Vitter, Bishop prepare bills to expand activity on federal acreage

Two congressional Republicans announced a bicameral effort to stimulate the US economy and improve energy security with new bills aimed at opening up more federal acreage for oil and gas development, streamlining regulatory processes, and limiting legal challenges.

The Energy Production and Project Delivery Act of 2013 would immediately help address the nation’s energy, job, and financial crises by unleashing US energy resources, creating millions of jobs, and generating significant federal revenues from energy production, Sen. David Vitter (La.) and Rep. Rob Bishop (Utah) told reporters on Feb. 27.

S. 17, which Vitter introduced the same day, also would increase federal revenue sharing for offshore oil and gas production without incurring more debt in Washington. The measure has 21 Republican cosponsors and was referred to the Energy and Natural Resources Committee.

“There’s no disputing the fact that our nation’s domestic energy production on federal lands and waters has been stymied by this administration and is trending in the exact opposite direction of the rapid growth we’re seeing on private and state lands,” said Vitter, the Senate Environment and Public Works Committee’s ranking minority member. “This legislation would reverse that trend by increasing access to our domestic resources.”

Bishop, who chairs the House Natural Resources Committee’s Public Lands and Environmental Regulation Subcommittee, added, “The US is blessed with diverse and abundant natural energy resources that, if utilized more responsibly, could help our country prosper and grow.” He said, “With the president’s position that only new revenues will alter the course of sequestration, this bill provides an alternative to his proposal for new taxes on hard-working Americans.”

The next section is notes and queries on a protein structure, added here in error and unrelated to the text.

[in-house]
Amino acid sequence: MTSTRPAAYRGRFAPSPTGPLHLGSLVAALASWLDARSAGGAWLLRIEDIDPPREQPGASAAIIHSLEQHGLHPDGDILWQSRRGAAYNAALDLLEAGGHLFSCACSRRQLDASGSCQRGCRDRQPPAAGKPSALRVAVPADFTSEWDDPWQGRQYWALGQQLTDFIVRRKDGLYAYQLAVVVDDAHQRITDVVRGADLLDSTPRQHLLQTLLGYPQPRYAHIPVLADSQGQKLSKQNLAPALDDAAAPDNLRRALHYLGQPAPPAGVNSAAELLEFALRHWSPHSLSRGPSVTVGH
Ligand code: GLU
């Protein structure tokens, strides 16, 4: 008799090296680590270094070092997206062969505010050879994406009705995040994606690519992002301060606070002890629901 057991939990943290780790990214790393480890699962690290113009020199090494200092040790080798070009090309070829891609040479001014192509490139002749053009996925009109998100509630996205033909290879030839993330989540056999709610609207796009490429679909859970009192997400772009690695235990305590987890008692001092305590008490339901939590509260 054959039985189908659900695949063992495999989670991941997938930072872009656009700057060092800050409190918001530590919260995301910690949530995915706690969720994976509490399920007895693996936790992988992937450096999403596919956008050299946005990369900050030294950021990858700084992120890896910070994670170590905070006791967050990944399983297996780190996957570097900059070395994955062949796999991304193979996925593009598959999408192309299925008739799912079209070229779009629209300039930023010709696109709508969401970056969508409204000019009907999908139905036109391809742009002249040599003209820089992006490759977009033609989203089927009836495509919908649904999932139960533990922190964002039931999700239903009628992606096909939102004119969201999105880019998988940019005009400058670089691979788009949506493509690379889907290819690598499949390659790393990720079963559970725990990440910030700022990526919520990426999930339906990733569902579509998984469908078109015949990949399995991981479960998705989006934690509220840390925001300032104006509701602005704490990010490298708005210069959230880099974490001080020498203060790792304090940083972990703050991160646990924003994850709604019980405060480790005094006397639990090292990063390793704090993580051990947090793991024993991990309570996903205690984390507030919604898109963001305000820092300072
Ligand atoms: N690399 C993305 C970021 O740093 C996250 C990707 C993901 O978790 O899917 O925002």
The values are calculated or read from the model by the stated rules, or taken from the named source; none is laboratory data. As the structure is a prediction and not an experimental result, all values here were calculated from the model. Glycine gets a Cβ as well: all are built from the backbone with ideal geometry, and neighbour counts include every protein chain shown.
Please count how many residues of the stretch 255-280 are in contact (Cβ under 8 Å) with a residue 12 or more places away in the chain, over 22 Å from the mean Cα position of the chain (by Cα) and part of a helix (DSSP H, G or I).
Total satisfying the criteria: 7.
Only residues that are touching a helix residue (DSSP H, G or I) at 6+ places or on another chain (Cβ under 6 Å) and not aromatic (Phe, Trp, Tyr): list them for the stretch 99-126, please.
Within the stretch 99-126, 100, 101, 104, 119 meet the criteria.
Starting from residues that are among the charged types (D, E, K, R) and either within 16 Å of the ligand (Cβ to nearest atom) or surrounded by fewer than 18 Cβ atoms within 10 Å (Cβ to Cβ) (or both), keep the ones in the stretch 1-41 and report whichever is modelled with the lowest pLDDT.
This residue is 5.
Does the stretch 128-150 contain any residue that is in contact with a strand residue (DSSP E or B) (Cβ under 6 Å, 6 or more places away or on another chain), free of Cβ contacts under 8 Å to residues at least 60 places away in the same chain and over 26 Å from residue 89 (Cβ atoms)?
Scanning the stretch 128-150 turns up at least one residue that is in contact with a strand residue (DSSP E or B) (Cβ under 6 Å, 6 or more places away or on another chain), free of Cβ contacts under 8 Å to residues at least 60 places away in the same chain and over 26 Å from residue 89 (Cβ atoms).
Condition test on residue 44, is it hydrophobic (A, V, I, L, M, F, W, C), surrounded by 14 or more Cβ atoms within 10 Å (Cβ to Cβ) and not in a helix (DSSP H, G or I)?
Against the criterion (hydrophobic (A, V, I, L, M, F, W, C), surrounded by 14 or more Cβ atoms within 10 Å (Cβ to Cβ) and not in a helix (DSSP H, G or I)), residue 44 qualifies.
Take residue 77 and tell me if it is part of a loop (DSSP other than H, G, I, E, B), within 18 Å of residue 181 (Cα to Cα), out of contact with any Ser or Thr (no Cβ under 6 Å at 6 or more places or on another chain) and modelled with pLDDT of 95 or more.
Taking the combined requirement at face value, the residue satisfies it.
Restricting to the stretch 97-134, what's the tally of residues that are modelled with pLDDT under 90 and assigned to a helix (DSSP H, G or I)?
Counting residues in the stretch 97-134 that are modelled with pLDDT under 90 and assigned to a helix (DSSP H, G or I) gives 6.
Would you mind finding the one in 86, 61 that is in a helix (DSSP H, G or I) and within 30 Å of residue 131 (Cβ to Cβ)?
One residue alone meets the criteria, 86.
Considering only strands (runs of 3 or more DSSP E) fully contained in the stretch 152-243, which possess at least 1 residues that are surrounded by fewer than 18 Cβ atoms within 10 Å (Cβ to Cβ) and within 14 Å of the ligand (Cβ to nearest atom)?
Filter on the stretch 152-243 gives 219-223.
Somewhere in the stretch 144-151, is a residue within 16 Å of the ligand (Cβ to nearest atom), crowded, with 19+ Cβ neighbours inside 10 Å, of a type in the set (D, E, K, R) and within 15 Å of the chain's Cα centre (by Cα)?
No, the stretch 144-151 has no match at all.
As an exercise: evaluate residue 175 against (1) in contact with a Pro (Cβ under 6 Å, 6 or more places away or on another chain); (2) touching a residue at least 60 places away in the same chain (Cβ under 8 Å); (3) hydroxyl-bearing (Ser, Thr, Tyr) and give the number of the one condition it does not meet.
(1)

Bills’ key provisions

The two Republicans said their bills would require the US Interior secretary to open the rest of the US Outer Continental Shelf to mineral leasing as well as the Arctic National Wildlife Refuge’s coastal plain; expedite judicial reviews of energy projects on federal land so they are not delayed by extended legal challenges, and prevent the US Environmental Protection Agency from regulating carbon dioxide emissions under the federal Clean Air Act until China, India, and Russia announce similar steps.

Their bills also would prevent consideration of greenhouse gases in federal Endangered Species Act listings, and expedite federal permitting of the proposed Keystone XL crude oil pipeline, they added.

Vitter noted that the most important part of his bill for Louisianans is that it would significantly increase federal offshore oil and gas revenue sharing without incurring additional federal debt. A few US Gulf Coast states received only a $314,000 federal offshore revenue share in 2011, but they and others are scheduled to receive up to $500 million from 2017 to 2055, he said.

He said his bill would increase federal offshore oil and gas revenue sharing along all the entire US Outer Continental Shelf, including another $3 billion/year which would be offset with increased production and expedited leasing. Gulf Coast states would receive a projected $1 billion in 2017-24 and $2 billion in 2025-55, while Atlantic, Pacific, and Arctic coastal groups would each receive an estimated $500 million from 2024 to 2055, Vitter indicated.

The US Chamber of Commerce, Americans for Prosperity, Americans for Limited Government, Americans for Tax Reform, National Taxpayers Union, and Western Business Roundtable support the bills, the two Republican federal lawmakers said.

Contact Nick Snow at nicks@pennwell.com.

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